Tuesday, August 14, 2012

Beautiful Ruins by Jess Walter

We can't help wanting what we want... and what we want is usually a car wreck. That's the message in Jess Walter's latest novel, Beautiful Ruins. Multiple story threads come together over a span of more than half a century. I like this sort of narrative style, switching between time periods, places, and characters at different stages in their lives.

It starts in a tiny village in Cinque Terre, Italy, where a movie actress stays for a few days in 1962. Then in modern day USA, the aging Italian hotel keeper travels to Hollywood to find out what happened to the actress. In between, there are babies born out of wedlock, a soldier in World War II whose greatest trouble is with his feet, actor Richard Burton drinking nonstop, and plenty of betrayals. Also the bonds of love, friendship and family that sustain us. What a great book!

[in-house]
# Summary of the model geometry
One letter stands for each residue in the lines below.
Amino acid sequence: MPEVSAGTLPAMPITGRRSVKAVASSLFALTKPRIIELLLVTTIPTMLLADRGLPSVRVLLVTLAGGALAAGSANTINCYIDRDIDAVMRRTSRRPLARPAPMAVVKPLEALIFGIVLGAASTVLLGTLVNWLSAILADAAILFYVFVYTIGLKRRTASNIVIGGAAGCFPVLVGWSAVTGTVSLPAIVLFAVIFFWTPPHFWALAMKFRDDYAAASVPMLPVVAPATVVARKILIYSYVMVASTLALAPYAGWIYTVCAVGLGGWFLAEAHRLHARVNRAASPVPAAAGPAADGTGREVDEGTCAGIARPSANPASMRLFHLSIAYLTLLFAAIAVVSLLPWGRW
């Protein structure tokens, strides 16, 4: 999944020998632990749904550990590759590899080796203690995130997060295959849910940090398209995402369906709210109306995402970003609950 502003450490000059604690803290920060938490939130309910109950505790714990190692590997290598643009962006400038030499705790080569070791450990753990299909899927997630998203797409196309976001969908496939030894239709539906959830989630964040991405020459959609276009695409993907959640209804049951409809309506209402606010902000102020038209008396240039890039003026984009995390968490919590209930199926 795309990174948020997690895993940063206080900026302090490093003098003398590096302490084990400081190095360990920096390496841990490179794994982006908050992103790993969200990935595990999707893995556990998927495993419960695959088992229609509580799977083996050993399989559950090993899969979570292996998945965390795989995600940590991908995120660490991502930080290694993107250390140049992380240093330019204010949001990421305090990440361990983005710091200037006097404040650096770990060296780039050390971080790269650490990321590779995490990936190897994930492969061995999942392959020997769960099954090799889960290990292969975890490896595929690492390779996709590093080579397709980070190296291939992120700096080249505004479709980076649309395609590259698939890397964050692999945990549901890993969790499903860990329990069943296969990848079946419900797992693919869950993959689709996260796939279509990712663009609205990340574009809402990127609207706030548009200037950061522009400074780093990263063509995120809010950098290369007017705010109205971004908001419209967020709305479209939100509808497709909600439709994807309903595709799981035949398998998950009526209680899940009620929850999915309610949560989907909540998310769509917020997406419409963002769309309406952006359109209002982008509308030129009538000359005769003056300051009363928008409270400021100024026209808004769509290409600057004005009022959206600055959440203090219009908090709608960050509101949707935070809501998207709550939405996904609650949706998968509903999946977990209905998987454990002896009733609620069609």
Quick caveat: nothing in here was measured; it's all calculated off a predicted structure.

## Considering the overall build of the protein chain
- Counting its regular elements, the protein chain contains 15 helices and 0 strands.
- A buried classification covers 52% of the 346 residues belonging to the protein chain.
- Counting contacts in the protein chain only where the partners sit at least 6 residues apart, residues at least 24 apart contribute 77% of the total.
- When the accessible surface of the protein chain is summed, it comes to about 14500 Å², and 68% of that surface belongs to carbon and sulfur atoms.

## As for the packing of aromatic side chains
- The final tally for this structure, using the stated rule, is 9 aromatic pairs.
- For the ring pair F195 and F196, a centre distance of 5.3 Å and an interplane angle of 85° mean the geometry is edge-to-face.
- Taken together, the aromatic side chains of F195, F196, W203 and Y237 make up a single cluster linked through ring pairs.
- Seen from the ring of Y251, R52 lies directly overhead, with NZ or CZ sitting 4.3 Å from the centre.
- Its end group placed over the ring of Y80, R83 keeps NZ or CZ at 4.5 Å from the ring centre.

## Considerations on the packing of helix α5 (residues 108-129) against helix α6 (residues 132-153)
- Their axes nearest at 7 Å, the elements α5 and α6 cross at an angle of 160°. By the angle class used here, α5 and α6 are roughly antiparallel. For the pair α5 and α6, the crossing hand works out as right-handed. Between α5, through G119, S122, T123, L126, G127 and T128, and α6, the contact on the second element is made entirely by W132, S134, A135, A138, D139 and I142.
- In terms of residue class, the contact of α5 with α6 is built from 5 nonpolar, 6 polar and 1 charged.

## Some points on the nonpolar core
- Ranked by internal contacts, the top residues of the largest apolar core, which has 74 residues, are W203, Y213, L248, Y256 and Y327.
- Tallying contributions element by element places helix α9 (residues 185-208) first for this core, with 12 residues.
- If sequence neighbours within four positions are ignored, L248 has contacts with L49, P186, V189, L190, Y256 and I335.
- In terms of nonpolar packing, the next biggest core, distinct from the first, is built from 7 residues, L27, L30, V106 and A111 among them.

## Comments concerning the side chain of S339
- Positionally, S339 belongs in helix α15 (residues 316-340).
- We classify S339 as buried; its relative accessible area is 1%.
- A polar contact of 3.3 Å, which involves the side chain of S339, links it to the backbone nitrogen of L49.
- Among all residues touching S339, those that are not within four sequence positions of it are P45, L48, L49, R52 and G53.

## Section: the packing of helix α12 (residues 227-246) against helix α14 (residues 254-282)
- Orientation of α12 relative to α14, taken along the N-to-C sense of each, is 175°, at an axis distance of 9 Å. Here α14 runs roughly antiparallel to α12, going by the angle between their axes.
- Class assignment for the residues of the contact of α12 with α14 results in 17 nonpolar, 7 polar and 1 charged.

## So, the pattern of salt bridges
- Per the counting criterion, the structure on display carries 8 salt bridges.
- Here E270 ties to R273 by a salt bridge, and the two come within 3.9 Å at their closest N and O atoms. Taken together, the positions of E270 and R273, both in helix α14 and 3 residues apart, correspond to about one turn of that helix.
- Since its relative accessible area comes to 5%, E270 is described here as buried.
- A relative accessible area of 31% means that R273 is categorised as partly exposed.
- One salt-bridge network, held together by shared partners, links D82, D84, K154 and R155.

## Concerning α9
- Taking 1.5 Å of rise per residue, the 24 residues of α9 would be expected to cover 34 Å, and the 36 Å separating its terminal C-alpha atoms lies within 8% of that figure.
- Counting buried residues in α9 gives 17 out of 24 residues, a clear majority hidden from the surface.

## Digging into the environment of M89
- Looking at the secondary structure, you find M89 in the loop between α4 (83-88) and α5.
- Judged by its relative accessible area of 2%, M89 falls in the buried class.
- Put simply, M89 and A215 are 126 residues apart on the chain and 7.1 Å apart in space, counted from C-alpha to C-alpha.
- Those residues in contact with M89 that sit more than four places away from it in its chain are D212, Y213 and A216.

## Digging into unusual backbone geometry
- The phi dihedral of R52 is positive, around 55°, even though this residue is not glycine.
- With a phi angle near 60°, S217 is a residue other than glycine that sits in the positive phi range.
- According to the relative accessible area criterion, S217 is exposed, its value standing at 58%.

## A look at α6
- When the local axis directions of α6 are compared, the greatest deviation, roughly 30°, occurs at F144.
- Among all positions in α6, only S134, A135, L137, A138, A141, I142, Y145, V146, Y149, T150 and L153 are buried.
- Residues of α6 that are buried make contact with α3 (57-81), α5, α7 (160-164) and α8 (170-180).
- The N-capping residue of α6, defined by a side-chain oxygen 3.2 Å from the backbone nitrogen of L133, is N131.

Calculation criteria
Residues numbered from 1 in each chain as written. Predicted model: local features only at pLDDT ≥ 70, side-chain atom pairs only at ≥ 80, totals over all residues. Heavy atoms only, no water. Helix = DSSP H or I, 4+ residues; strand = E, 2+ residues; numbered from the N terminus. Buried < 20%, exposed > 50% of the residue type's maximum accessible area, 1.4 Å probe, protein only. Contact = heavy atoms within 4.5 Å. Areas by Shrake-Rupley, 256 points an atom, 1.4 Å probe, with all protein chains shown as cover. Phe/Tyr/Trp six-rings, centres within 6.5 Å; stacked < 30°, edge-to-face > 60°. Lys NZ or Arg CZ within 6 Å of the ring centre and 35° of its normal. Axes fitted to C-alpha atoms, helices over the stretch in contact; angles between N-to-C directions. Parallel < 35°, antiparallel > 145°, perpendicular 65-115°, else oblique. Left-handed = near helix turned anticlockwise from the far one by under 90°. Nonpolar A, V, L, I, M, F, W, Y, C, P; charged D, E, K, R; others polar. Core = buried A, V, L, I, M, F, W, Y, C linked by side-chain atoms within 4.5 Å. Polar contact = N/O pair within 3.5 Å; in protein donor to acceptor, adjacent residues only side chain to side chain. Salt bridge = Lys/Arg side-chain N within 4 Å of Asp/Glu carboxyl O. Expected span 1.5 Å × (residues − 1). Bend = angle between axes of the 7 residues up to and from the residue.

I listened to the Recorded Books audiobook [13 hours] narrated in a lively way by Edoardo Ballerini, who could perform both the fluent Italian and butchered Italian, as required by the text. There's also a bit with the author answering a few questions at the end of the recording, which is a nice addition. Walter talks about researching the book by spending time in Cinque Terre and I was envious. I spent a few days hiking that coast in 2007 and it is breathtaking.

The contradictions that are inherent in the choices we make are highlighted in Beautiful Ruins. (And in the title, come to think of it.) So now I've started listening to Dan Ariely's Predictably Irrational, which is nonfiction about the hidden forces that shape our decisions.

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